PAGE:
“After much effort, like names, definitions, sights, and other data of sense, are brought into contact and friction one with another, in the course of scrutiny and kindly testing by men who proceed by a question and answer without ill will, with a sudden flash there shines forth understanding about every problem and an intelligence whose efforts reach the furthest limits of human powers” (Plato 2014, 42, 344c).
Heidegger is remembered by his friends as a “real” person sitting on a particular spot in the “real” landscape. He is depicted in their memory as sitting in silent contemplation of nature – deeply involved in a timeless moment of co-creatively tensed stasis. This silent moment of an unmeasurable duration seems dramaturgically appropriate for blending Cézanne’s and Heidegger’s paths in an act of making what Heidegger named a “mysterious identity”. Cézanne is a “poet” for as much as his artistic creativity derives its “mysticism” from the ancient, pre-Platonic concept of poíēsis. The joined identity of poet and thinker is based on the supposedly original link between the notions of poiesis and noein as explained by Heidegger in his lecture titled An Introduction to Metaphysics delivered in 1935.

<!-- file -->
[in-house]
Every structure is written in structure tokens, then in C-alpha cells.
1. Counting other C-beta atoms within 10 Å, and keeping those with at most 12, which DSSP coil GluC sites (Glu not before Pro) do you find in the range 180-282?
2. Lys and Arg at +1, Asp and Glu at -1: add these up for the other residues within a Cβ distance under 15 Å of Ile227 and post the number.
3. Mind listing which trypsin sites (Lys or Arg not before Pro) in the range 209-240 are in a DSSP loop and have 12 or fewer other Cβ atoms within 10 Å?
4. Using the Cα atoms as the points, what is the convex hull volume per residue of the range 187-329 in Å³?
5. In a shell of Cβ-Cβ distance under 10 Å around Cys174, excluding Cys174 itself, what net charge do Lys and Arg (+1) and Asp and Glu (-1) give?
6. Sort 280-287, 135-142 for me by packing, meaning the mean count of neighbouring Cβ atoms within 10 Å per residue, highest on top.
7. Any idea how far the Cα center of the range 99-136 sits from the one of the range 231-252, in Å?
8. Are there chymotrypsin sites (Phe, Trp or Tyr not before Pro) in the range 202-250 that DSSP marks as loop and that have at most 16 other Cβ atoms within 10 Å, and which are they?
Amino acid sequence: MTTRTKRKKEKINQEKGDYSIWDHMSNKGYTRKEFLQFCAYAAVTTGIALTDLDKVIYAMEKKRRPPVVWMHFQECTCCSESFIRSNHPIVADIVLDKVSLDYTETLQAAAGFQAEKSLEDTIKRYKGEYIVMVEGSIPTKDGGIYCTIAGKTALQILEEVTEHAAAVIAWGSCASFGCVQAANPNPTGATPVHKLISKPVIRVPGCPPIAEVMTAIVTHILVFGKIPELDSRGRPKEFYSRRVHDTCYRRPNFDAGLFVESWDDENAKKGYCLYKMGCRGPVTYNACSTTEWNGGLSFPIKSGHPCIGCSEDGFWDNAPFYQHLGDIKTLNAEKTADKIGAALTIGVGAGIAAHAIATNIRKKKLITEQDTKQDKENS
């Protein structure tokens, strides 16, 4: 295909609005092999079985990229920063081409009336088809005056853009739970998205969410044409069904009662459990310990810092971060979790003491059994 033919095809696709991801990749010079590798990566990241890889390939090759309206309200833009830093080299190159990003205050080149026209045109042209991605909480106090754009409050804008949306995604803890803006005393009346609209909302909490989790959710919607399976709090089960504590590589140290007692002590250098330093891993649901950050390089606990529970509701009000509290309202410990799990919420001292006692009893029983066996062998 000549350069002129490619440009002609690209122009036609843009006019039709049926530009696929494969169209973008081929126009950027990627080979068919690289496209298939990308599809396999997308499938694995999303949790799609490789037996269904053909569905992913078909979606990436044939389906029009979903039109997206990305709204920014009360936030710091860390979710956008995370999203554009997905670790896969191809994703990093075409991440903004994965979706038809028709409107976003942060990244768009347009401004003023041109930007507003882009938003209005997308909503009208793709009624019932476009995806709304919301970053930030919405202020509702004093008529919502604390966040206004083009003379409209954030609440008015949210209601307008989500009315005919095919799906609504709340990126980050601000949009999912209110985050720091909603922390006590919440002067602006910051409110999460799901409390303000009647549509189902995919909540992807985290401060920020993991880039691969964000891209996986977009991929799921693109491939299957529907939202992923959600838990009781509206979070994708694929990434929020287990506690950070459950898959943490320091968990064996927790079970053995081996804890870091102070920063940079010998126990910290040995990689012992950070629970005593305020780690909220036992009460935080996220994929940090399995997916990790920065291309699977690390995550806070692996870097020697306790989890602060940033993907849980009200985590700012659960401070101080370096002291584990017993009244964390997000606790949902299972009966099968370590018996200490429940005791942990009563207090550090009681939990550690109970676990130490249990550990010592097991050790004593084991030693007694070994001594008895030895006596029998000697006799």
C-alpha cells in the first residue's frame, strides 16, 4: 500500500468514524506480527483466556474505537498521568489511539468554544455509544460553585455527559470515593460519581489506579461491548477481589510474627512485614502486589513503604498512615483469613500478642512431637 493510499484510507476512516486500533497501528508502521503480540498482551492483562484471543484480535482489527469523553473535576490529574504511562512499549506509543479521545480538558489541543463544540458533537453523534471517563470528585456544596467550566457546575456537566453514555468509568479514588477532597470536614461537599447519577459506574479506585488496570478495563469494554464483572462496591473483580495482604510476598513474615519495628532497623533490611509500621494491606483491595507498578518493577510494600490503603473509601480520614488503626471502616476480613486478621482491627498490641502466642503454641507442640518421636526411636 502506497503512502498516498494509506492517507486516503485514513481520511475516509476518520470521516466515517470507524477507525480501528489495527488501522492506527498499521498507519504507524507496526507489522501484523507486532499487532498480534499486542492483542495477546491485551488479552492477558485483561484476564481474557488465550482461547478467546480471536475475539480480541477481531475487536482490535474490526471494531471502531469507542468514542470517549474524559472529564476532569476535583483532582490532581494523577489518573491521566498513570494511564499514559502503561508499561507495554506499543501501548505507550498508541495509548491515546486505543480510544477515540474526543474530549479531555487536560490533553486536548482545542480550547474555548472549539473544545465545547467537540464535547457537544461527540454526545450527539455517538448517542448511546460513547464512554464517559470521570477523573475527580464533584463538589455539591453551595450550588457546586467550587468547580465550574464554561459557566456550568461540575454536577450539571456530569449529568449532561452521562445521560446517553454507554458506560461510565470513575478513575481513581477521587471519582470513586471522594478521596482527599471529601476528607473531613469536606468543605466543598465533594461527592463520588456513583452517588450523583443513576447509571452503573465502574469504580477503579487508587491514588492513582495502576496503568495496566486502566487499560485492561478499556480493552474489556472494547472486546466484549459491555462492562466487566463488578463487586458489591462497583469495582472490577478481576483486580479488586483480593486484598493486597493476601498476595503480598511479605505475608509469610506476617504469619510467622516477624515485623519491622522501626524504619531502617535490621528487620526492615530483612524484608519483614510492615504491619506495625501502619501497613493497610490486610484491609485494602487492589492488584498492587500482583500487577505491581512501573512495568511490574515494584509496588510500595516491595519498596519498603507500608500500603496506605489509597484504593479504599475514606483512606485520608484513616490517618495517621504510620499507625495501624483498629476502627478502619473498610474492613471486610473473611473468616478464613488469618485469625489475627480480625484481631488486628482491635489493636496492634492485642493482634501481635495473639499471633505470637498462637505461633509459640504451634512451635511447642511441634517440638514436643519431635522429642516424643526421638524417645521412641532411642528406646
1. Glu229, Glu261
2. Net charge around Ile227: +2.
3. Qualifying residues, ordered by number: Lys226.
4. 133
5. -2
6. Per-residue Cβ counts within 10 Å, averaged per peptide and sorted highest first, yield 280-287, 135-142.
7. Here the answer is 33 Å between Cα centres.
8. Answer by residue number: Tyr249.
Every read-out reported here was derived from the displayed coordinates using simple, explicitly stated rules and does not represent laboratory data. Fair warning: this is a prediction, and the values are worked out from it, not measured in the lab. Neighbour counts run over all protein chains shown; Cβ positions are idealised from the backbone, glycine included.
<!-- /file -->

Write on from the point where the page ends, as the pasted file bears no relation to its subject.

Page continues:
Much like Heidegger’s “Plato” – that “Heidegger” we “know” now (when occasionally engaging in a serious play with his philosophical system of thought), does not exist, except in his dramaturgically functional persona that is coming to be each time one of his concepts becomes active relatively to another concept in the playground of human ideas. It is in such moments that Heidegger becomes someone relatively to somebody else. Let me use an analogy from physics: a “mysterious identity” of “Cézanne” and “Heidegger”, is an energy released as an outcome of the work of Heidegger’s system of thought. Cézanne is a “poet” insofar as his artistic creativity derives its “mysticism” from the ancient concept of poíēsis . This energy could also be proof of the fact that Heidegger’s philosophical system is able to do work. Of course, it is preferable in a philosophical context, that this work gets detected and identified by the philosopher himself, then potentially by other philosophers participating in an exchange with his system. The energy – shifted from one system to another – is a scalar quantity; it is abstract and cannot always be perceived, but it is given meaning through some sort of insight, let us call it provisionally – philosophical calculation. Each philosophical system has its potential energy (it has its philosophical force field and its quantity in a field, some sort of a philosophical charge). Each philosophical system also has its kinetic energy connected to the motion of philosophical concepts (except that the flow of concepts as philosophical charges could not be illustrated simply on the example of the bulk flow as in electrical energy, because this flow-like movement gains in complexity as it engages in cognitive dynamics).